The Stupid Tax

AKA the lottery. Guess what, kid’s? It’s rigged.

The random winning numbers on lottery tickets aren’t exactly random at all.

Mohan Srivastava is the man who figured out how to beat a scratch lottery game — and he didn’t even profit from it.

Srivastava, who was featured in this month’s Wired magazine, is a geological statistician by trade and is naturally adept at analyzing numbers and realizing patterns. His day job involves scoping out potential gold mines and determining the how much gold they might contain.

Cracking the lottery wasn’t all that different. Srivastava, using the same math, was able to predict winning tickets for a Canadian Tic-Tac-Toe scratch lottery game 9 out of 10 times. The method is surprisingly simple but his road to discovery involved a bit of chance.

The games are not at all random, they are carefully controlled so there are a fixed number of winners – and a lot of losers. Srivastava reported his findings to the Canadian lottery officials – his intent was never to get rich off the code breaking. Just an intellectual exercise for the man.

The various lotteries run by states, provinces and combinations thereof are nothing more than revenue generators – another tax – targeted at people who can’t figure out that their odds of winning suck.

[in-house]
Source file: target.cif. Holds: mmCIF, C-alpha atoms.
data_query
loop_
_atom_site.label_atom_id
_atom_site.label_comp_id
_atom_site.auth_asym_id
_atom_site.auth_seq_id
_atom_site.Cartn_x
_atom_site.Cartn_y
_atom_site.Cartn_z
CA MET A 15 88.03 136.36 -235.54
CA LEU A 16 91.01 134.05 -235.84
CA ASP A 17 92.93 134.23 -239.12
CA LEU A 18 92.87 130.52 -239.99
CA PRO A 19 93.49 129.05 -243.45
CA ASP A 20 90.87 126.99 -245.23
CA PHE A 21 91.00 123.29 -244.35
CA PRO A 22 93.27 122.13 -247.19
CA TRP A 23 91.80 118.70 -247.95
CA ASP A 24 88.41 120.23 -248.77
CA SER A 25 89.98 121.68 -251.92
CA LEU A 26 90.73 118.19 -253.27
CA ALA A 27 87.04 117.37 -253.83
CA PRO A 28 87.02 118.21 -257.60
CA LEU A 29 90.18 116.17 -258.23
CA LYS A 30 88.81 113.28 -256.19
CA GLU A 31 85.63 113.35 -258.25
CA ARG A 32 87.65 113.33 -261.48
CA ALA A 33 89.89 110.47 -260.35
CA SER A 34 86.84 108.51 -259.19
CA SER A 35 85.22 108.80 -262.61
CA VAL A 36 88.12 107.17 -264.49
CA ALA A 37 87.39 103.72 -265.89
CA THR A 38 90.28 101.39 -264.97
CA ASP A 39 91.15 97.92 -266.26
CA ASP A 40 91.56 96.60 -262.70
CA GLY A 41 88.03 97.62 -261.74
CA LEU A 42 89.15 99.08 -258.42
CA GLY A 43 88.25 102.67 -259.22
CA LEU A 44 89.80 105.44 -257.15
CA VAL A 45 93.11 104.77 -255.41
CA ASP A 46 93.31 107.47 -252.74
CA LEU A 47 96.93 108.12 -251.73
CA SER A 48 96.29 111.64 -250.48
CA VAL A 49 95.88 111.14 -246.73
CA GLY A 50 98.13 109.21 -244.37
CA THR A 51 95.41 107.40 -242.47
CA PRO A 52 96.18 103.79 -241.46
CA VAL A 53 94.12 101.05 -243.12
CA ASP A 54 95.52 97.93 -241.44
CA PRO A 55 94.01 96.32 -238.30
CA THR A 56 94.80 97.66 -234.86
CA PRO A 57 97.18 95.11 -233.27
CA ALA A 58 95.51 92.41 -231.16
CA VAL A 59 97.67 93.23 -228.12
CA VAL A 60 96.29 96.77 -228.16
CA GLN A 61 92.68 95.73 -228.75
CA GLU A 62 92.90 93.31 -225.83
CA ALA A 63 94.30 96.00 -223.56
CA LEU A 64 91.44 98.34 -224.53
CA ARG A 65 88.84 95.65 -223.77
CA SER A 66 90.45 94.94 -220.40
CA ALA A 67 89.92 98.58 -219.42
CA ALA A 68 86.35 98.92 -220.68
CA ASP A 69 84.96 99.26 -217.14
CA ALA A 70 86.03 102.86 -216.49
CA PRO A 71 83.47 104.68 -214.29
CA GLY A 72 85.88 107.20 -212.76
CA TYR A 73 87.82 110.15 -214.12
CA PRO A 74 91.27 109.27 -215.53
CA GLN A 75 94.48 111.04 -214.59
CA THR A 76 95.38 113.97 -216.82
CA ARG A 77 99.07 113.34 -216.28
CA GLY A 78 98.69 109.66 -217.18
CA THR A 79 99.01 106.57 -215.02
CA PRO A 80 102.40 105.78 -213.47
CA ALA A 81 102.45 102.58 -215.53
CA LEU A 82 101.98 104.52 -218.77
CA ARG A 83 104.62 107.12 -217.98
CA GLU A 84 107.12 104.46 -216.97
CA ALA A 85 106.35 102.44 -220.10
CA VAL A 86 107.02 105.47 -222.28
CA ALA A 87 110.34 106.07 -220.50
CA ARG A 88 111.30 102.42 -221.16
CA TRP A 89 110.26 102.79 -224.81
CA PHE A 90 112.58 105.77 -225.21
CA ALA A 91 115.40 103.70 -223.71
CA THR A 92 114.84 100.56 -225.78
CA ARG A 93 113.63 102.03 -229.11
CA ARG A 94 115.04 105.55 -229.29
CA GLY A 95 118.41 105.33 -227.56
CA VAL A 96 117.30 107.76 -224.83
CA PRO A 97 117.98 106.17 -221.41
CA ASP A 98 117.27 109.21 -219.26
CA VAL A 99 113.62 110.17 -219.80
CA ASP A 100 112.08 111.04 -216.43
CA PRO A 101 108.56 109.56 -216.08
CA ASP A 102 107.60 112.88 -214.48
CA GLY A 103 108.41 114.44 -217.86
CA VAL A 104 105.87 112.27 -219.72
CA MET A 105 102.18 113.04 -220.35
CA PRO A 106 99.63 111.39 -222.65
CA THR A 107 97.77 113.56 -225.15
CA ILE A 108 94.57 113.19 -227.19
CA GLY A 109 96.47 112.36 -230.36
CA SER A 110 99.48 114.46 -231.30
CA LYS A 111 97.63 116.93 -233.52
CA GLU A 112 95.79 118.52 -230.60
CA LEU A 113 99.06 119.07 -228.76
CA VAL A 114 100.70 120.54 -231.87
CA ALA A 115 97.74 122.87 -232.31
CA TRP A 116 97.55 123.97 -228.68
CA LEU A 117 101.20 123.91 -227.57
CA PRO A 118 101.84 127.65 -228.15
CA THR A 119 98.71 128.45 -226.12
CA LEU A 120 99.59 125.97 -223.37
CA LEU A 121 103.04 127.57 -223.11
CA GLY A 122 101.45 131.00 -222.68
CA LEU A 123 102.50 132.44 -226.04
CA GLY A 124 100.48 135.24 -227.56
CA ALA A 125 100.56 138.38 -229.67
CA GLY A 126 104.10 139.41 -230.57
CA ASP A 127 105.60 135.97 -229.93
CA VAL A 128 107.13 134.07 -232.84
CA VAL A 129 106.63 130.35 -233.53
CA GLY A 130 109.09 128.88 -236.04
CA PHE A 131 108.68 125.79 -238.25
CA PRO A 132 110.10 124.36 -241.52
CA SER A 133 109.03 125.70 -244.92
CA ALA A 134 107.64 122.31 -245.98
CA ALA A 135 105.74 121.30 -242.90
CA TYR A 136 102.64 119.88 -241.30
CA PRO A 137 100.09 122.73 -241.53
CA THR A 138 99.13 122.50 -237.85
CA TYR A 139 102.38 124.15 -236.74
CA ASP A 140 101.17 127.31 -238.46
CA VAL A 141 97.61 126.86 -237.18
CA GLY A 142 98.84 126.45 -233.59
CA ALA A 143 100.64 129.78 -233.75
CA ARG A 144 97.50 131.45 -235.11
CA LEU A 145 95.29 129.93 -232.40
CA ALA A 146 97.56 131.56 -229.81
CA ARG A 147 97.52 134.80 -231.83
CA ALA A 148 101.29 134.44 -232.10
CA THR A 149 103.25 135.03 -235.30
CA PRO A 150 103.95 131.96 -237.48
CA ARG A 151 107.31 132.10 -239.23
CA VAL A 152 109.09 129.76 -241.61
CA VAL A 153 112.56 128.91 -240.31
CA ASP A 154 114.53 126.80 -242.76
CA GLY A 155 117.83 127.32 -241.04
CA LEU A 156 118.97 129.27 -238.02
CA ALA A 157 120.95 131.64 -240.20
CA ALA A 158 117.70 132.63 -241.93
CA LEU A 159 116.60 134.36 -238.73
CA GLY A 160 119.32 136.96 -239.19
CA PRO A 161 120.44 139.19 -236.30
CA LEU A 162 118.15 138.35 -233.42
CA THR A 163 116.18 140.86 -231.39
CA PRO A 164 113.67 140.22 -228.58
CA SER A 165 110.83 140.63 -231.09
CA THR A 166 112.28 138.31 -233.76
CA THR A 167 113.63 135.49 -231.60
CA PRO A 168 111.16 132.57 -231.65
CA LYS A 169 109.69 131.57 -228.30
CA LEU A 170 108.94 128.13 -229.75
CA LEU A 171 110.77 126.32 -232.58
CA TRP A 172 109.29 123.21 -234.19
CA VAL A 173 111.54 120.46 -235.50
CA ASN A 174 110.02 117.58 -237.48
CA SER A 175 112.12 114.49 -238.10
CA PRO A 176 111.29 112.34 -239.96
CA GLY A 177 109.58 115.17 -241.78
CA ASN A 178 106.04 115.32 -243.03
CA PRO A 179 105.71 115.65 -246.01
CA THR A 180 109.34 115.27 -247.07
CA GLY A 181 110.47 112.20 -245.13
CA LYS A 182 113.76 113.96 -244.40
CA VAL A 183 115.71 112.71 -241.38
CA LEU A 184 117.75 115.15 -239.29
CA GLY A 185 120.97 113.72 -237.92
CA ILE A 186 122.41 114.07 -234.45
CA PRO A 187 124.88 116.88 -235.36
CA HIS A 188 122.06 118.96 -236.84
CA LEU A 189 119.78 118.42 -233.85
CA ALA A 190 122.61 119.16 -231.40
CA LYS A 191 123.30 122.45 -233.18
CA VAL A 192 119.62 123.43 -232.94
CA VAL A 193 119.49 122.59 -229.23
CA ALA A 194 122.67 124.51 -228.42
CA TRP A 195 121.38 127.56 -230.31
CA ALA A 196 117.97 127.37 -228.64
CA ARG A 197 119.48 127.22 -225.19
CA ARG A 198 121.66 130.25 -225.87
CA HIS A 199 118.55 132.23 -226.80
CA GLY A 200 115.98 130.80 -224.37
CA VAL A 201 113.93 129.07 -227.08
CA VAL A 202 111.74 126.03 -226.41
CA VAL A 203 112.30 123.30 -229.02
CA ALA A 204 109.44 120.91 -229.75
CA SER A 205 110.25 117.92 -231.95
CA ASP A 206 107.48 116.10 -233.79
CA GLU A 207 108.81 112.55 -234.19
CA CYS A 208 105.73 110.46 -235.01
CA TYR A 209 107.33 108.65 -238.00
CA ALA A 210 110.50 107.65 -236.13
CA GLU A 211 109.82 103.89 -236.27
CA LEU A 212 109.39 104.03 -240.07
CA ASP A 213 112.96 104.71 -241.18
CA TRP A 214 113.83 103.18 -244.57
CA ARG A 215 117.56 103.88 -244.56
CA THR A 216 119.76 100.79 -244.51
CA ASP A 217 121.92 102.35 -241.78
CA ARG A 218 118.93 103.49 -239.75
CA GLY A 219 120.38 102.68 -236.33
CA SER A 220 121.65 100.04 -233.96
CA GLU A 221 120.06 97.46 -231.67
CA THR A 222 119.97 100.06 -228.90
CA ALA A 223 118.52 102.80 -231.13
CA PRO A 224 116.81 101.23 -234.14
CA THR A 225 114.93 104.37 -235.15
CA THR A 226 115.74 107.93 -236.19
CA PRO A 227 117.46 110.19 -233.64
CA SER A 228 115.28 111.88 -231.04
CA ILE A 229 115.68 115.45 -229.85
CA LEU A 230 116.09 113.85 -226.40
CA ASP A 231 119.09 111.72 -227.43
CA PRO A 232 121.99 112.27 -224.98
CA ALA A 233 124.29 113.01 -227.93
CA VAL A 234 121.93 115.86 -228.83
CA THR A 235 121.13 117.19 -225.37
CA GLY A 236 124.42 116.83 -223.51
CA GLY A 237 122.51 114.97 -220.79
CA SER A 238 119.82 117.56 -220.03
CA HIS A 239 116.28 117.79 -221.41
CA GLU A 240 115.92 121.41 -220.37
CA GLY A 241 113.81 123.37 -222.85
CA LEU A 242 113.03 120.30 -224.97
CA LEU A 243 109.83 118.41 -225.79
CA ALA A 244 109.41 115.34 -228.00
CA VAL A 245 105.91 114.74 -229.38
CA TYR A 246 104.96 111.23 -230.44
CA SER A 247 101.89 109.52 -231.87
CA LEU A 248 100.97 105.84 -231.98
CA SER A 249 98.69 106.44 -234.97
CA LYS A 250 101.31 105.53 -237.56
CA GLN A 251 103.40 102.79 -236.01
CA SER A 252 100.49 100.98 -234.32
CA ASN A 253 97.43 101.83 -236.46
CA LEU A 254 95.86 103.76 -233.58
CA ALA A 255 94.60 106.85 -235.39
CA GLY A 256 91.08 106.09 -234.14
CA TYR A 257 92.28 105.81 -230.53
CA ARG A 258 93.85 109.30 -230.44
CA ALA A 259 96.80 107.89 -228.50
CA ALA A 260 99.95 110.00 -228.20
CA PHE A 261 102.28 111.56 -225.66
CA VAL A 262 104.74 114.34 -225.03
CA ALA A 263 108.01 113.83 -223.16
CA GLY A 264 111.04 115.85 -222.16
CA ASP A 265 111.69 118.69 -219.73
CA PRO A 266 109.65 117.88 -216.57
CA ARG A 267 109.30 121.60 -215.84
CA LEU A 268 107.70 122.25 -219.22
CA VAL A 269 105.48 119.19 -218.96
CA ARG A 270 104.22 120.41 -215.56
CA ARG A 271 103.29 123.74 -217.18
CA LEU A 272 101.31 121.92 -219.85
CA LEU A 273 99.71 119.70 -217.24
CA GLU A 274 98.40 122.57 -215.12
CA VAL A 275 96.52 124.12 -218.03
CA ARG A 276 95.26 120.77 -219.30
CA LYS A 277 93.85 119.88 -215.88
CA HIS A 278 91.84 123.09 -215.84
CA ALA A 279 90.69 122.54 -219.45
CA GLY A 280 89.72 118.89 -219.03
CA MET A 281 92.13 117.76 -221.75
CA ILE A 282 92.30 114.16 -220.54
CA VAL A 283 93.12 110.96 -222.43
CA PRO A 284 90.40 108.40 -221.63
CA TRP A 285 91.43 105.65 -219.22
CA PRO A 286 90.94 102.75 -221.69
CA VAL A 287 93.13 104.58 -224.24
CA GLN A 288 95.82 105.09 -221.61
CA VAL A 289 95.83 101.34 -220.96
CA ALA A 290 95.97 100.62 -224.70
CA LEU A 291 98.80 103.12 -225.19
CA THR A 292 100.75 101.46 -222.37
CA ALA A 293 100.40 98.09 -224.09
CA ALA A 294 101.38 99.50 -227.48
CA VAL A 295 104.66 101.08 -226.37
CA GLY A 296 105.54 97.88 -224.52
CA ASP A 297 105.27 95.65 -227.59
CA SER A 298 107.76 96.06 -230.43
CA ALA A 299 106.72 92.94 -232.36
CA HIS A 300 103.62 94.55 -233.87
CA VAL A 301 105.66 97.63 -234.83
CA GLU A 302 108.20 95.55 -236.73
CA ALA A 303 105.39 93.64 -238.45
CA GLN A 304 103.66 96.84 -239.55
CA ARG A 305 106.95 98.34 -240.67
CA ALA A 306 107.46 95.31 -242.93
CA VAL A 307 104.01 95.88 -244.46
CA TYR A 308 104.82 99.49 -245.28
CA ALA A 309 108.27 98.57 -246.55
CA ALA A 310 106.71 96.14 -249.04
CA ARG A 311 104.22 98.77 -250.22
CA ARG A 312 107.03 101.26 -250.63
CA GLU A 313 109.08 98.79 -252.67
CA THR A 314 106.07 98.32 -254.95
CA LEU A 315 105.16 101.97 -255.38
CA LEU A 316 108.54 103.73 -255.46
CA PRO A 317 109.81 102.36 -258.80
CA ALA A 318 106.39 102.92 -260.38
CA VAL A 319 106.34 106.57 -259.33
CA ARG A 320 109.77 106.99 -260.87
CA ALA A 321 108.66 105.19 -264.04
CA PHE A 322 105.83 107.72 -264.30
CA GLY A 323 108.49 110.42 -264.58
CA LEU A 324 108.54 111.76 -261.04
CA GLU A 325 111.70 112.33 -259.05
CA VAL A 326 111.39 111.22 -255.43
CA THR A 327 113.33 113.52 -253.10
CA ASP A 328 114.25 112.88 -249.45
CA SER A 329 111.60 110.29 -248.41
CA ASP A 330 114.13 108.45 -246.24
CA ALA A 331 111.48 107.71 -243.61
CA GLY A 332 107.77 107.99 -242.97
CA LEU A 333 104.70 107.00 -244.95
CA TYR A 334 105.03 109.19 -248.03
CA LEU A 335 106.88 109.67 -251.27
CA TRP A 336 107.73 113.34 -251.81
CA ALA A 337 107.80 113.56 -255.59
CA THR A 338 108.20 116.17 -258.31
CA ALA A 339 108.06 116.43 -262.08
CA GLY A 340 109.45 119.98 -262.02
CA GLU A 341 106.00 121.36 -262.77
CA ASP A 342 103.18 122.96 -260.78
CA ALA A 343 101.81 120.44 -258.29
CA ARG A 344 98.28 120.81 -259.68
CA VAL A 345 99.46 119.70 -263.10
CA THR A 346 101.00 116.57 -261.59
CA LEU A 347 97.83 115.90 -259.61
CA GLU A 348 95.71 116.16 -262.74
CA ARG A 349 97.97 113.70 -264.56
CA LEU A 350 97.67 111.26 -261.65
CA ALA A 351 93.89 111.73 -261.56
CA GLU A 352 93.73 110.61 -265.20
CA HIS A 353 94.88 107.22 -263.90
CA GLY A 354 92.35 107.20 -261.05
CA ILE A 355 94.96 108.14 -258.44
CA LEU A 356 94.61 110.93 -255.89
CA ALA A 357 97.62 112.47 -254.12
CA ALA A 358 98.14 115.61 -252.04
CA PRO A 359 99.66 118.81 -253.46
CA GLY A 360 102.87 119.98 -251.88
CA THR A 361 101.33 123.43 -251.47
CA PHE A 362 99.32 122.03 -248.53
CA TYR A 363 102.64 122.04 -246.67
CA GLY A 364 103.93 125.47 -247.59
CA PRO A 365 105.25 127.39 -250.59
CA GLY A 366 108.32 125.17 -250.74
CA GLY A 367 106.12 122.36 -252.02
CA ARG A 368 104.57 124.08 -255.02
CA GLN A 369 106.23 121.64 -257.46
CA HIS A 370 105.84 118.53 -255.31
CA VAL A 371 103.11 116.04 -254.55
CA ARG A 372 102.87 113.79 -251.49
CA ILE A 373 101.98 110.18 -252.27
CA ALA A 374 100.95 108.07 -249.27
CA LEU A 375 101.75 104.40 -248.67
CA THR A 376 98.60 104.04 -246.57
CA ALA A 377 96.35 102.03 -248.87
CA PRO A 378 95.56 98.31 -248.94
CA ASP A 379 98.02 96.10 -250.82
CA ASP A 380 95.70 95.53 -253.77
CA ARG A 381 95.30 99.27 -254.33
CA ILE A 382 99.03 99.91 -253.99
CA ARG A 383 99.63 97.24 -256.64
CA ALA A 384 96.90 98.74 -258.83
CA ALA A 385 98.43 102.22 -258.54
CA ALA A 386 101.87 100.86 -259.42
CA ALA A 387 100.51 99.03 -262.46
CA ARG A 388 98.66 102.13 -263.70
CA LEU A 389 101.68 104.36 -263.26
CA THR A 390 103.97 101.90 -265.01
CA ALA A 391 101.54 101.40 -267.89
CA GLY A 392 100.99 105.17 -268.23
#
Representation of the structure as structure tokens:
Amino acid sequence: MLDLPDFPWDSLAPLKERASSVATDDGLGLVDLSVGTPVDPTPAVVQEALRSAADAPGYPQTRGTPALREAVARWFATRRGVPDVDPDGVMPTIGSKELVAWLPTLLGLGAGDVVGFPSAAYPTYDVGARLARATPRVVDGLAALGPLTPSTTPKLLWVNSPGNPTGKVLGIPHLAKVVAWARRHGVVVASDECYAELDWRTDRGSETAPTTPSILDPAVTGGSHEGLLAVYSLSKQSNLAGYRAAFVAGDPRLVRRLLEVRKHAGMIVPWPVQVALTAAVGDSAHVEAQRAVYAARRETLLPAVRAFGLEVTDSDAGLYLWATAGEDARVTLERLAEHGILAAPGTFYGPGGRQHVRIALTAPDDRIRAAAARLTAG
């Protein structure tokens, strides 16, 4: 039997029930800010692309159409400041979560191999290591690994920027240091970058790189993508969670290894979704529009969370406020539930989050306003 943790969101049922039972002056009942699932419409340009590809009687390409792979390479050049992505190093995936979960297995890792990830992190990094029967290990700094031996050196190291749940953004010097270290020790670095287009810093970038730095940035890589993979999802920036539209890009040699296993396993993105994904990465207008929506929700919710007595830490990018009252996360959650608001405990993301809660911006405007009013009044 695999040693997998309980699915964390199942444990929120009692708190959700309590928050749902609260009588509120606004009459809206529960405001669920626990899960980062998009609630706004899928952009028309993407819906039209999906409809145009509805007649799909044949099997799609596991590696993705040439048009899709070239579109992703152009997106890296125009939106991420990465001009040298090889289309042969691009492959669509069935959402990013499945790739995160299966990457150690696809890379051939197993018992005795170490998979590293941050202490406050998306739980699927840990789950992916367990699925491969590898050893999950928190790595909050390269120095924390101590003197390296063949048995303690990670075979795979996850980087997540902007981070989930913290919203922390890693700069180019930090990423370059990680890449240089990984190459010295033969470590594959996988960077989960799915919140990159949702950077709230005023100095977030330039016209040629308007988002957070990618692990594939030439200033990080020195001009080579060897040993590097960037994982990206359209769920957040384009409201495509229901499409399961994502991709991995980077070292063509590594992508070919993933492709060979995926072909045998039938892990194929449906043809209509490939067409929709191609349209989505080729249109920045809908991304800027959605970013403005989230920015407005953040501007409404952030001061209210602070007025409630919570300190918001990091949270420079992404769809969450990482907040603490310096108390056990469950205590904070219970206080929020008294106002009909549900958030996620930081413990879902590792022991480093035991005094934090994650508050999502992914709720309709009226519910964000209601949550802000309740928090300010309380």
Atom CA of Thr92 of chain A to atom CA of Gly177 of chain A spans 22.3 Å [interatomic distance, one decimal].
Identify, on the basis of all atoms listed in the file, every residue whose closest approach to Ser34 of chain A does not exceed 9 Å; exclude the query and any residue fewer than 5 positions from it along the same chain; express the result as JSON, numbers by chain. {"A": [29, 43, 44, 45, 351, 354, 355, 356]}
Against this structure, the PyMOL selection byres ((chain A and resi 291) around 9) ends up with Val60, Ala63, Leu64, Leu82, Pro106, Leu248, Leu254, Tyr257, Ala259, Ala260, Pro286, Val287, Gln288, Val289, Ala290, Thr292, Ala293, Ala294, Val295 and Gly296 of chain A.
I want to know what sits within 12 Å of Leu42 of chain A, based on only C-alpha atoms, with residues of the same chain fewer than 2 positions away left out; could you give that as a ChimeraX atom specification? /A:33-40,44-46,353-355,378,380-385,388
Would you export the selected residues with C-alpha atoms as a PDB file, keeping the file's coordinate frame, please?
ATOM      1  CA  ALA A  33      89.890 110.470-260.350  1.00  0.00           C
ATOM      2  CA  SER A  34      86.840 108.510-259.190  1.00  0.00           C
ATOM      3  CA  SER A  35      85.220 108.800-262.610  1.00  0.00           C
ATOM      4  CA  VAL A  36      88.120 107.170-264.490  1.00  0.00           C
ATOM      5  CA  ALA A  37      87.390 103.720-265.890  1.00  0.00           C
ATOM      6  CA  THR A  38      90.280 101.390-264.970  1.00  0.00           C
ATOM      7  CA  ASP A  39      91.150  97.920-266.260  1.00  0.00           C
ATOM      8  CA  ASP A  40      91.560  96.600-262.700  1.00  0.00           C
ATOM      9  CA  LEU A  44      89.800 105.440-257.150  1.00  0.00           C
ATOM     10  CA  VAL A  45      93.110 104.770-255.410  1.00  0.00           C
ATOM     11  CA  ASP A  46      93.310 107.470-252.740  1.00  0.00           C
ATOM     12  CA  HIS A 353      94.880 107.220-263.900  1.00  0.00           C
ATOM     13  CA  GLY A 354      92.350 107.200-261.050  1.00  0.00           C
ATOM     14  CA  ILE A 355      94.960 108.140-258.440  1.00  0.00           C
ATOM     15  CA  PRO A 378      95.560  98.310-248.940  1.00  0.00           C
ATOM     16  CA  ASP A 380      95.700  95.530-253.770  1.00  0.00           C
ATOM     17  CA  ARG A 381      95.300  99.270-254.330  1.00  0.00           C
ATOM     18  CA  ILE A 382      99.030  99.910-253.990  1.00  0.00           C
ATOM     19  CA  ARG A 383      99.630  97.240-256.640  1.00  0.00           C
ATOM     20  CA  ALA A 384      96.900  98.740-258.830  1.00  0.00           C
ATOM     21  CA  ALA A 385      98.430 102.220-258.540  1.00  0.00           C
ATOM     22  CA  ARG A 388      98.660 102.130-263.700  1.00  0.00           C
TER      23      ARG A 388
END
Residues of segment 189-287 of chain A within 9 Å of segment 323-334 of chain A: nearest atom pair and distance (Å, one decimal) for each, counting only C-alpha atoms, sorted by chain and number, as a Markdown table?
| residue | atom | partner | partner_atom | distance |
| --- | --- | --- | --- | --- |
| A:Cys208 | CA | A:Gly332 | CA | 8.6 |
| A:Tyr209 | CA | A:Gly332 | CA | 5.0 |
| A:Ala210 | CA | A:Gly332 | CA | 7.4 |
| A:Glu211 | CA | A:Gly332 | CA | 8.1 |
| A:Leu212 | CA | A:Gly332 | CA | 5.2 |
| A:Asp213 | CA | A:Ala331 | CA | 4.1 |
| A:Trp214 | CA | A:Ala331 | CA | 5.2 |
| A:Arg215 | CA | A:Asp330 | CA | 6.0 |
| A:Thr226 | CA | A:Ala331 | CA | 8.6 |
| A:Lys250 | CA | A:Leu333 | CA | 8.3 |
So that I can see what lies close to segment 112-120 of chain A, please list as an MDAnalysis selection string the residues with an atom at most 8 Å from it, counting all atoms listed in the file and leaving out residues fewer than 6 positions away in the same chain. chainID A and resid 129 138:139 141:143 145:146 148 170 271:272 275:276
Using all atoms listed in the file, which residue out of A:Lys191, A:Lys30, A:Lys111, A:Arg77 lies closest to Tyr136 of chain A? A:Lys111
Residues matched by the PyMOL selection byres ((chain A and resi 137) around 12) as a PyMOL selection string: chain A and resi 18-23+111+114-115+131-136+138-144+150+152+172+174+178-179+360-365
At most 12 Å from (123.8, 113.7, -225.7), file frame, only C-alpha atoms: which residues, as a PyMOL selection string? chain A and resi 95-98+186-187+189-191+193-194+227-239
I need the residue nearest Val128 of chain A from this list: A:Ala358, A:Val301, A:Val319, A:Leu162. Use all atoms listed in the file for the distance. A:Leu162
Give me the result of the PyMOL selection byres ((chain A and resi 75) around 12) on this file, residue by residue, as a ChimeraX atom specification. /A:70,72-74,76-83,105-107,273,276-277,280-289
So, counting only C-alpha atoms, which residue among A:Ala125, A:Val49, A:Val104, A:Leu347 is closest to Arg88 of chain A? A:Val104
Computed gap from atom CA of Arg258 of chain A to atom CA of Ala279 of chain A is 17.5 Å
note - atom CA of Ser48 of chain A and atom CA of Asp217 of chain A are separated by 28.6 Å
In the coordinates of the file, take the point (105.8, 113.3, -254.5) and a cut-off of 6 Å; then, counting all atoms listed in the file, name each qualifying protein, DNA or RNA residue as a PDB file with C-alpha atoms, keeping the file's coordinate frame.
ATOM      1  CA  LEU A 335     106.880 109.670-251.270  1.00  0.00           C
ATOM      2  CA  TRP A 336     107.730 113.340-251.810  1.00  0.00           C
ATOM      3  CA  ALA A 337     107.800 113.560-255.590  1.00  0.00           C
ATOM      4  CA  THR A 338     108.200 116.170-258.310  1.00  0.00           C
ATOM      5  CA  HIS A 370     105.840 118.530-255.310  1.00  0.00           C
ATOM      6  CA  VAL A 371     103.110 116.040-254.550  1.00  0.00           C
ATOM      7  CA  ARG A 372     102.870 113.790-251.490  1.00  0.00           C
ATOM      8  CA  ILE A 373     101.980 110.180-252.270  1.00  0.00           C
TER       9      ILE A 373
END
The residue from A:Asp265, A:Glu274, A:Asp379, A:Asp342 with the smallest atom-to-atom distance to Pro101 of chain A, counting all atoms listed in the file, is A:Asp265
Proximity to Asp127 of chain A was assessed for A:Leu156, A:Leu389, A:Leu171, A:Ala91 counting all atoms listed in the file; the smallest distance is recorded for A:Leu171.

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6 Responses to The Stupid Tax

  1. BadBob says:

    The odds favor the house? Say it ain’t so ….

  2. Foxfier says:

    From a programing point of view, it’s basically impossible to have a truly random number generator.

    All we can do is have a pattern that’s complicated enough that it looks random. (Algorithms, yay!)

    It’s sort of like card-counting– with enough data, you get an edge.

  3. Gaius says:

    Yeah, I know, Foxfier. “Random” number generators in computing space must have repeatable patterns or they are useless.

  4. Terrence says:

    I agree that lotteries and gambling are taxes on stupid, As such, I am all in favor of them – if they were not there, I would be paying more taxes.

    And both lotteries and casinos make such that someone wins every so often – if there were no visible winners, fewer people would thin THEY might be the next winner.

    An example of the latter is one of my nephew-in-laws and his son. When the son was about four years old, they were in a convenience store buying some stuff. He was carrying his son; and at the checkout, he decide to buy a lottery ticket; so he asked his son. “Which one”. The little guy pointed to one and said, “That one, daddy.” The dad bought “that one” and won just over $180,000 (in today’s dollars). He has not won anything of note since then (and he does not buy a lot of tickets).

  5. Gaius says:

    Good for him, then. He beat the system, in a way.

  6. Foxfier says:

    I’d much rather someone pay into the system by having fun than have the rest of us paying taxes without even the thrill!

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